No Corruption In God’s Temple

I find it interesting that the letters the Apostles wrote, which are now part of the Bible, aren’t focused on evangelism. Unlike so many modern churches, the Apostles didn’t spend a whole lot of time telling believers to get out there and save the world. Their letters focused on urging those who already believe to keep walking faithfully. And if any of the readers aren’t yet walking in-step with Jesus, the Apostles told them to get their lives cleaned up right now.

I’m not saying we shouldn’t preach the gospel. In fact, we must share our Father’s desire that all people will be saved, repent, and come to knowledge of the truth (1 Tim. 2:4; 2 Pet. 3:9). But scripture makes it very clear that God is ultimately the one who chooses whom to call and whether or not to place them in His family (John 6:44,65). We have very little role in that process. But we do have control over how we, personally, respond to the gift He offers us and over what we contribute to the body of Christ.

When God does call new believers, He wants to be able to put them in a healthy church. Not one that’s full of the sort of people Jesus threw out of the temple. Today, the collective body of Christ’s followers are the temple of God. “If anyone destroys” (corrupts, spoils, depraves) “God’s temple, God will destroy him; for God’s temple is holy, which you are” (1 Cor. 3:16-17). God will not tolerate a temple filled with corruption and darkness. That truth should motivate us to make sure we’re not corrupting His temple in any way.

Don't Be Something Jesus Would Throw Out Of His Father's Temple |
Photo credit: Ruby-Rose via Lightstock

Things That Get Thrown Out

Jesus said, “I have come as a light into the world, that whoever believes in me may not remain in the darkness.” He wasn’t here to judge those who don’t believe (they’ll be judged by His word in the last day), but to enlighten those who do believe and show them how to continue walking faithfully (John 12:46-48).

For you were once darkness, but are now light in the Lord. Walk as children of light … Have no fellowship with the unfruitful deeds of darkness, but rather even reprove them. For the things which are done by them in secret, it is a shame even to speak of. But all things, when they are reproved, are revealed by the light, for everything that reveals is light. (Eph. 5:8, 11-13, WEB).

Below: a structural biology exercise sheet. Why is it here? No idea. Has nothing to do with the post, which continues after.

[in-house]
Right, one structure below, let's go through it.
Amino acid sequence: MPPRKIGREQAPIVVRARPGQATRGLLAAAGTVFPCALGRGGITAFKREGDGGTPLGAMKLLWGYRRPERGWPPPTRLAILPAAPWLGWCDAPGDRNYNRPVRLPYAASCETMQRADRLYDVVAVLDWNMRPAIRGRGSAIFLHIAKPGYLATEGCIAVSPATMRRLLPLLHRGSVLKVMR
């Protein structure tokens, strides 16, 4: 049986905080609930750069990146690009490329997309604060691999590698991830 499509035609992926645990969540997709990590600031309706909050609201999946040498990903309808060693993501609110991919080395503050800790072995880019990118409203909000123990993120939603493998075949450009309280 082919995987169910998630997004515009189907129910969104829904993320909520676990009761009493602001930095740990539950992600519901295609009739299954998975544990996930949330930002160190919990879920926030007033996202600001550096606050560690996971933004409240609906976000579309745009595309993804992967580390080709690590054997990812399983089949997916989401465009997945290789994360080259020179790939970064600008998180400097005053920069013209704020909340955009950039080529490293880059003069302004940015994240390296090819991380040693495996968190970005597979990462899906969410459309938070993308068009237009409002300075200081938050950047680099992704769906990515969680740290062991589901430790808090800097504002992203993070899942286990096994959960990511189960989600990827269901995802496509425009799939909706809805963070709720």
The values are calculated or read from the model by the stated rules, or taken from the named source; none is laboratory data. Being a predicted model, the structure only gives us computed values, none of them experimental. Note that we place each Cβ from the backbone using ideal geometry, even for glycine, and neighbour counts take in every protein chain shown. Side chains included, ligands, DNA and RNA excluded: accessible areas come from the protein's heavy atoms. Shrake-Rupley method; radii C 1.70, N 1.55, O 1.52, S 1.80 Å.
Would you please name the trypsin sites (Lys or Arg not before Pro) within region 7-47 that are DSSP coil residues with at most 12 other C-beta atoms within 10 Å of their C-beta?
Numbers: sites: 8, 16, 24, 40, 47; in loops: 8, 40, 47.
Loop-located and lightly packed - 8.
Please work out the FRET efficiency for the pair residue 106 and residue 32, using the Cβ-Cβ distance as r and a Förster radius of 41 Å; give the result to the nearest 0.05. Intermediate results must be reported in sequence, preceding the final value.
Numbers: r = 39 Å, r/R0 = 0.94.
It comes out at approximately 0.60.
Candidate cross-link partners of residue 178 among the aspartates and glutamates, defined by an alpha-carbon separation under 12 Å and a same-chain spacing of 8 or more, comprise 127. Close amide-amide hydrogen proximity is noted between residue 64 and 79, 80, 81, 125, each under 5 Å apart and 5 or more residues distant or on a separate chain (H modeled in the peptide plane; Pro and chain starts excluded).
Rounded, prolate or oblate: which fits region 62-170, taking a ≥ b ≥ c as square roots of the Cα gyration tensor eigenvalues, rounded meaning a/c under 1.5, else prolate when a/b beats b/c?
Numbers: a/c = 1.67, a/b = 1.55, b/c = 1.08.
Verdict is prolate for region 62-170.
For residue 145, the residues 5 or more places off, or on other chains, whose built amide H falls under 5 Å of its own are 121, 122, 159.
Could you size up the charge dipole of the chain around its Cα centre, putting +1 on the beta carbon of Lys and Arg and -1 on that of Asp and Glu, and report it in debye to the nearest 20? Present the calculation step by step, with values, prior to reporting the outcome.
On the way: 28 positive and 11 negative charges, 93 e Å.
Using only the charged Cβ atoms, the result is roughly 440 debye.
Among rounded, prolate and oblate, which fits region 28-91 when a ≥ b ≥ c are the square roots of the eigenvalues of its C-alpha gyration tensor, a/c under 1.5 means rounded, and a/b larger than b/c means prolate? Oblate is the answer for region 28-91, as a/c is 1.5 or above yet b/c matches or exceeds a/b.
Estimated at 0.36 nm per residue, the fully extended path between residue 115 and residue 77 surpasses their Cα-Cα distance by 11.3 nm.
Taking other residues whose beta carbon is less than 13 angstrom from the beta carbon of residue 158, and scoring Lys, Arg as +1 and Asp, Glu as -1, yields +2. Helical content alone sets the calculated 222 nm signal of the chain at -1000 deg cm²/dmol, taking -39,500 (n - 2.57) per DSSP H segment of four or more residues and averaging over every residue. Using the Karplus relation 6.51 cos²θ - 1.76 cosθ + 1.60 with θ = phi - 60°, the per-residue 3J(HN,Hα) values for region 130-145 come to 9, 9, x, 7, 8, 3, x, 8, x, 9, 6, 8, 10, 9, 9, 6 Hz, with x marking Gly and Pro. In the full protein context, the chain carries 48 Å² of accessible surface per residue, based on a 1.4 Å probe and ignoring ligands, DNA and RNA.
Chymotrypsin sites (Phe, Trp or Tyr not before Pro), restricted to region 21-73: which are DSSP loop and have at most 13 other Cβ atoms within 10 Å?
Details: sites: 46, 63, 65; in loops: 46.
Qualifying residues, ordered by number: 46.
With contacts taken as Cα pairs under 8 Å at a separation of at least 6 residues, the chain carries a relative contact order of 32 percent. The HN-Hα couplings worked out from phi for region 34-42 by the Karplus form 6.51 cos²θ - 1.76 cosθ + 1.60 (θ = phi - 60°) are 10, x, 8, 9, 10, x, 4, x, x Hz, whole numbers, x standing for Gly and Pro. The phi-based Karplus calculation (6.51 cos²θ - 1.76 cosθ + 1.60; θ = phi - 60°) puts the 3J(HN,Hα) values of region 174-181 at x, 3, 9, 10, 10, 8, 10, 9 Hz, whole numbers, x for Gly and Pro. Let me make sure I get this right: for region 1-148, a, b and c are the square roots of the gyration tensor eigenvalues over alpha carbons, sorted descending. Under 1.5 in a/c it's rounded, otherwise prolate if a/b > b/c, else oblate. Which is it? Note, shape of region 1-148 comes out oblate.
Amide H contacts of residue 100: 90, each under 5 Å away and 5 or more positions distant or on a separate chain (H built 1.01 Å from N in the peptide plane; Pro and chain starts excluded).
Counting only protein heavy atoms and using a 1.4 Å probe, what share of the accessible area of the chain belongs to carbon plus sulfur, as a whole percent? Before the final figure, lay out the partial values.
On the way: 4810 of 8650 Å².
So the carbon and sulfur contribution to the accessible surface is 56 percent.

You can’t have fellowship with Jesus and keep doing the sorts of things He threw people out of His Father’s temple for, or any of the other things the Lord considers an abomination. “Haughty eyes, a lying tongue, hands that shed innocent blood; a heart that devises wicked schemes, feet that are swift in running to mischief, a false witness who utters lies, and he who sows discord among brothers” are things that will not be tolerated in the temple of God (Prov. 6:16-19).

Walk In Light, Not Darkness

Those with an authentic, life-changing relationship with Jesus Christ keep coming back to the light. We’re not perfect, but we don’t love darkness. We choose to follow Him and walk in his light. And as we do that, the blood of Jesus continues cleansing us from all sin.

This is the message which we have heard from him and announce to you, that God is light, and in him is no darkness at all. If we say that we have fellowship with him and walk in the darkness, we lie, and don’t tell the truth. But if we walk in the light, as he is in the light, we have fellowship with one another, and the blood of Jesus Christ, his Son, cleanses us from all sin. (1 John 1:5-7, WEB)

Ideally, pointing each other toward Jesus Christ and encouraging each other to walk in the light will result in a healthy church. But there are times when more direct action is needed to protect the health of the body. When something corrupts the temple of God or His royal priesthood (which we’re a part of), then He’s going to take action to cleanse His temple just as Christ did at His first coming.

Unleavened Temples of God

As we’ve already talked about, judgement begins at the household of God. And somewhat surprisingly, Paul says the church actually has a role to play in cleansing the temple.